Calls for more tax on wealth, less off-budget projects
The Bank of Thailand is concerned about the imbalance between government revenue and expenditures and has proposed some structural changes such as expansion of the tax base and limitations on the use of off-budget spending to counter the disparity in the fiscal account.
BOT Governor Prasarn Trairatvorakul said government income was moving at a slower pace while the rate of expenditure had increased in the past year because of recent uses of off-budget spending policies, such as the rice pledging scheme. This would pose a long-term problem of imbalance in the government financial account if the problem were left unsolved.
“The variety of how we collect tax is small, and the tax system is based more on income than wealth. Therefore the income level of the government is heavily dependent on the growth of the economy,” he said. “If the economy is good, we can collect more tax, and if the economy is bad, we collect less tax.
This dependency is different from a tax system that is based more wealth that is more stable, but Thailand’s tax on wealth is narrow and close to non-existent.”
He added that the existing tax base was too narrow, since the number of taxpayers is small, and in the future there is a potential that the need to invest to increase the country’s competitiveness will be higher while fixed spending such as civil servants’ wages will increase. The ageing society is also an imminent issue that will raise government expenditures through the increase of cost of public healthcare. Therefore, Prasarn concluded, there is a need for fiscal reform to prevent this growing problem of imbalance in the long run.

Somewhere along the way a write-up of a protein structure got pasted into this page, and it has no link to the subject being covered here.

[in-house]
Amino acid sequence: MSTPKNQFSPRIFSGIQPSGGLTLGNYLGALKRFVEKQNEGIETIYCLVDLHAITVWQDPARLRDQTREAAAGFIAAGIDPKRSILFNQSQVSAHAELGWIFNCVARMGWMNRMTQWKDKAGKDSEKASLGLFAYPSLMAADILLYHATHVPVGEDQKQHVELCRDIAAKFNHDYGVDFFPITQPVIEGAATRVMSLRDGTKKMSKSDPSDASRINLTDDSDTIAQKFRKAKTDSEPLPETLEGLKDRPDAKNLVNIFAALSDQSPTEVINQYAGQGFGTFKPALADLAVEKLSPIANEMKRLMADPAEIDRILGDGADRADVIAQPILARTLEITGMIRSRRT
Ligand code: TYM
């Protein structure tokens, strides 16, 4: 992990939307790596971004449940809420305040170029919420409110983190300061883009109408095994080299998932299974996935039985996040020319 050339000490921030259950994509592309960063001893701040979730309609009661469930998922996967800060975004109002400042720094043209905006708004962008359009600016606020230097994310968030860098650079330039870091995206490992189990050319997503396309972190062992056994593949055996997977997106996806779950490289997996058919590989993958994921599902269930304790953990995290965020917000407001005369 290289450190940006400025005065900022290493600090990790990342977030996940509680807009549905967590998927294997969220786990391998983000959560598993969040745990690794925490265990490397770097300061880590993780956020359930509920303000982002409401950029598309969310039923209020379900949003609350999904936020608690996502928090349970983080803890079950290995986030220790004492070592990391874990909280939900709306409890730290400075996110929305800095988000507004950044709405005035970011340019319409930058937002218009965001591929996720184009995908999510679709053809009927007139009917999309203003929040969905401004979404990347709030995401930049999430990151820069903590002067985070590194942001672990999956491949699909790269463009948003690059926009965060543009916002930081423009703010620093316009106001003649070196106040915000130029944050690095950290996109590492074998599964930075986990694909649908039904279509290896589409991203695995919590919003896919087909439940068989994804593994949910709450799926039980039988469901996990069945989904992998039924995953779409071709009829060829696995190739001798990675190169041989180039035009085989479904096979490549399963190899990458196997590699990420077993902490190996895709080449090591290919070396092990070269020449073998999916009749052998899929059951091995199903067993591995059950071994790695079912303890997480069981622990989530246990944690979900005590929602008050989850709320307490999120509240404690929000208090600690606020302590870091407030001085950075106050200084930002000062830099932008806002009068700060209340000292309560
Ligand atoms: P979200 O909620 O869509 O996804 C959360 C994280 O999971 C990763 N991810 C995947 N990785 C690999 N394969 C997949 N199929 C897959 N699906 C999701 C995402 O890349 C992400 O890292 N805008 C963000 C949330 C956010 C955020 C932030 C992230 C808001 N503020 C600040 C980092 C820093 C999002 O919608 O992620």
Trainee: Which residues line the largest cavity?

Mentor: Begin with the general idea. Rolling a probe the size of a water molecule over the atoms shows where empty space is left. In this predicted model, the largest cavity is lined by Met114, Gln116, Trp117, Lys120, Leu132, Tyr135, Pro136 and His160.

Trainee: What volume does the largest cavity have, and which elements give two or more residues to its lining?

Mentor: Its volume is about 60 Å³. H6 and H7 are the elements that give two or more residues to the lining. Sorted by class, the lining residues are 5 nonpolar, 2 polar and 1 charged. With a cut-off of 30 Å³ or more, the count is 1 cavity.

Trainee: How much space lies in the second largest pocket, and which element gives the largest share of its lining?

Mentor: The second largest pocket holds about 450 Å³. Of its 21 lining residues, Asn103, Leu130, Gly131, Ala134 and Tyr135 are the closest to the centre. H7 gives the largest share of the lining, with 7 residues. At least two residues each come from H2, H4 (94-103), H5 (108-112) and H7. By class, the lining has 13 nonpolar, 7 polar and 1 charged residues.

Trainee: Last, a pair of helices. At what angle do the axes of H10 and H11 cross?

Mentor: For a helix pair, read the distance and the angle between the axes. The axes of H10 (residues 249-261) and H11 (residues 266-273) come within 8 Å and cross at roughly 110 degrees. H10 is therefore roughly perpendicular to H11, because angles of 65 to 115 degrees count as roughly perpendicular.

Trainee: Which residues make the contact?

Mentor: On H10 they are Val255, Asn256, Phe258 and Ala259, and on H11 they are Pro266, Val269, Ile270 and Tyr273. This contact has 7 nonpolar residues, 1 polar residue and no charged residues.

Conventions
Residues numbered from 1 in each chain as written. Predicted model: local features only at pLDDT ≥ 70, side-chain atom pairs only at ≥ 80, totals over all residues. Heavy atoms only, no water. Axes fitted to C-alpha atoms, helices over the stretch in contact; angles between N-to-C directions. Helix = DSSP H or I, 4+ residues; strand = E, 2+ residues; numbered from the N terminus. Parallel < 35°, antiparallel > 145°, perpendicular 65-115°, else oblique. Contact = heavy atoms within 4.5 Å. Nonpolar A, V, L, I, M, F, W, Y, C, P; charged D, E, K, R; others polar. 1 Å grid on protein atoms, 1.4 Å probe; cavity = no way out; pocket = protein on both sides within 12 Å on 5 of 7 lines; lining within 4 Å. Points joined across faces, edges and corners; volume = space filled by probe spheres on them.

BOT spokeswoman Dr Roong Mallikamas said the central bank believed that there were ways to increase the tax base, especially measures that will be proposed to the military’s ruling National Council for Peace and Order by the Finance Ministry.
These include short-term measures that can be implemented in less than a year, such as lowering the special tax benefit for private investment and introduction of the Land and Construction Tax Act, which could help expand the tax base towards wealth instead of consumption and income.
Longer-term measures involve a more direct approach that includes the revision of various exemptions in different types of taxes and increased levies on pollution and environmental impacts, she said.
Apart from increasing the base, improving tax-collection performance increasing tax rates could also raise public income. These could include such measures as an increase in the value-added-tax (VAT) rate and the tax on diesel, which is under consideration of the Finance Ministry but should be done at an appropriate time, Roong said.
She said the push to pass all government financial activities through Parliament and the introduction of an independent agency to scrutinise and reveal the details of government spending to the public, such as a Parliamentary Budget Office, could reduce the use of off-budget spending while improving transparency.